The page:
by Gemita - 2020-09-24 03:39:12

Hello Cyborgmike,

You are quite correct, getting an MRI with an MRI safe device and leads is not straightforward at all and they will place all sorts of obstacles in the way, This was the path they took with my husband, who is not however pacemaker dependent.

1. First and foremost, he had to attend a main centre (hospital) with experience doing MRIs on pacemaker patients.  

2. The hospital had to have a pacemaker technician available to place his single lead pacemaker in "safe mode" prior to the procedure, so that settings and data could be protected for the duration of the scan.  They also recommended doing a download of the pacemaker data prior to the procedure.  Afterwards the technician would return the pacemaker to its pre-scan settings.

3. Before and after his scan on his thoracic spine he had to have an X-Ray of the position of the pacemaker/leads to make sure they had not moved during the procedure.

4.  Since he was not pacemaker dependent, I do not believe he needed a cardiologist in attendance.

With a pacemaker safe device, certain conditions have to be met to ensure that we stay safe during our scans.  Providing these conditions are strictly adhered to, I believe MRIs are safe, but there is still a lot of ignorance out there in certain centres/hospitals.  You need to present your pacemaker ID card giving details of your device/leads beforehand for them to make sure it is MRI safe.  I am currently waiting for an MRI thoracic, cervical spine + head and am told that due to COVID-19 there is a wait, but the consultant who ordered successfully my husband's MRI knows the drill with pacemaker patients so that path should be more straightforward for me.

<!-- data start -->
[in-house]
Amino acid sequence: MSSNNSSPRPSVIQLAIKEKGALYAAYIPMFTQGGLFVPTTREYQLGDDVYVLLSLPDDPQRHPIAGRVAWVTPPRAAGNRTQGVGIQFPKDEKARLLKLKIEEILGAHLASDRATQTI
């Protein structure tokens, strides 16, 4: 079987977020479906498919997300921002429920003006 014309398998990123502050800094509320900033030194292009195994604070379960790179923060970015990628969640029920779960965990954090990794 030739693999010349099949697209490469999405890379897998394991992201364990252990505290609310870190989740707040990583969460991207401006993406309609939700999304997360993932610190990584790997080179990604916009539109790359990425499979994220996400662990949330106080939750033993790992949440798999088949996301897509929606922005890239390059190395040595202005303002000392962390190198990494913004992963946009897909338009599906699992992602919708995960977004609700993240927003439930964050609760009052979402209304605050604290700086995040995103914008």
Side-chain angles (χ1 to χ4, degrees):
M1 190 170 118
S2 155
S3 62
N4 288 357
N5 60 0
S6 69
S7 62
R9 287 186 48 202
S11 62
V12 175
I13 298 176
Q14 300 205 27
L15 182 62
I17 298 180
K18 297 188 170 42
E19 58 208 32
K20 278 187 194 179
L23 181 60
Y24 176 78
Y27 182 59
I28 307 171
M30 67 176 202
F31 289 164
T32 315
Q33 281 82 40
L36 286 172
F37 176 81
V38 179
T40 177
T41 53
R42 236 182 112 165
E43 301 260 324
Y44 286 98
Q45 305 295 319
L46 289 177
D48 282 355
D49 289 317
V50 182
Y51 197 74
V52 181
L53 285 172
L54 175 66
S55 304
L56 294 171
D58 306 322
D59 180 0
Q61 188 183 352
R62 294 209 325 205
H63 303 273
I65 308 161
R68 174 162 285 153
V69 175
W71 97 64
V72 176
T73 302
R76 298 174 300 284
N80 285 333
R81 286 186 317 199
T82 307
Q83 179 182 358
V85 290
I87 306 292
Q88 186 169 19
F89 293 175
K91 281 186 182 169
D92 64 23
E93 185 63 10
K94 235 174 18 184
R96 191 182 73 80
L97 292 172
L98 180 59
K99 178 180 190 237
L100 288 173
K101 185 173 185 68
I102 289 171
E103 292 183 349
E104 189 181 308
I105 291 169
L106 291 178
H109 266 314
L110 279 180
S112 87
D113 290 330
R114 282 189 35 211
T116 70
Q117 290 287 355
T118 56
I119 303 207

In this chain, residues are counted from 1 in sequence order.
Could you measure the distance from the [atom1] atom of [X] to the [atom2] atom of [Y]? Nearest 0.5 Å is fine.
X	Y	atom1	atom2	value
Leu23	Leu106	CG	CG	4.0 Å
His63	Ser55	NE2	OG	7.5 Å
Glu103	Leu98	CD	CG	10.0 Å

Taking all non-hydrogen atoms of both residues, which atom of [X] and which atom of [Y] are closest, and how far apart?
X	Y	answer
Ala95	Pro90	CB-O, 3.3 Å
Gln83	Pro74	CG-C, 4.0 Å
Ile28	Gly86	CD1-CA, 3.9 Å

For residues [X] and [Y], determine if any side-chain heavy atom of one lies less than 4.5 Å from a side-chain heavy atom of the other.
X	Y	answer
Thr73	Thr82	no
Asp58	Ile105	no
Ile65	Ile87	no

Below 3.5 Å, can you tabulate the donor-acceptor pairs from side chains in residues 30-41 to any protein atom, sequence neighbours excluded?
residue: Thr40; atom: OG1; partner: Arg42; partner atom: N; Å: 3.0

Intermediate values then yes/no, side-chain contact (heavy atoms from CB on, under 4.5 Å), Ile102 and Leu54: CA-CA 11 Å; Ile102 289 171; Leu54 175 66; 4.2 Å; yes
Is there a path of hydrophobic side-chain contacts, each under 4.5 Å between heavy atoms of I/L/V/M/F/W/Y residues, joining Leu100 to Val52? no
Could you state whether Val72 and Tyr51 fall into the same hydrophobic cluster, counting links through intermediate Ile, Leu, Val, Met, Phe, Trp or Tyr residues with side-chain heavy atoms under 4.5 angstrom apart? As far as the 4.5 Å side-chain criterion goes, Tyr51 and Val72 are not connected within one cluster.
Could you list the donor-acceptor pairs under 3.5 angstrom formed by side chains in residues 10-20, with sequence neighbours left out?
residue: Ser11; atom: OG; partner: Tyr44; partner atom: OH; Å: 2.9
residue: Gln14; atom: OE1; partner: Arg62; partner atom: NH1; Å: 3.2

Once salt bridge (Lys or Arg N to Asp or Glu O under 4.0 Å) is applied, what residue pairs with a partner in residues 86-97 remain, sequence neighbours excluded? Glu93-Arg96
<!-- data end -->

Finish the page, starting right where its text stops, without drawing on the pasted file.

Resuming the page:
For those interested, I attach a link (well two) of my manufacturer's (Medtronic) guidance for those needing an MRI.


by Beattie - 2020-09-24 04:48:56

i am going through similar thing...waiting on a MRI brain...i never thought it would be so difficult after being told my device was MRI conditional 🙄 am in Australia and not many places around that can do them! i dont know percentage i am paced but i have a Boston PM and Leads both MRI conditional. 


by new to pace.... - 2020-09-24 09:02:45

I too had to go to the local public hospital for MRI of right shoulder, which i found out from reading on this site.  The only hard part i had was making sure they had a copy of my card both sides.  Was told i could have an appt. at any time as the Medtronic Tech was only an hour away. 

  I agree with everthing that Germita wrote.

new to pace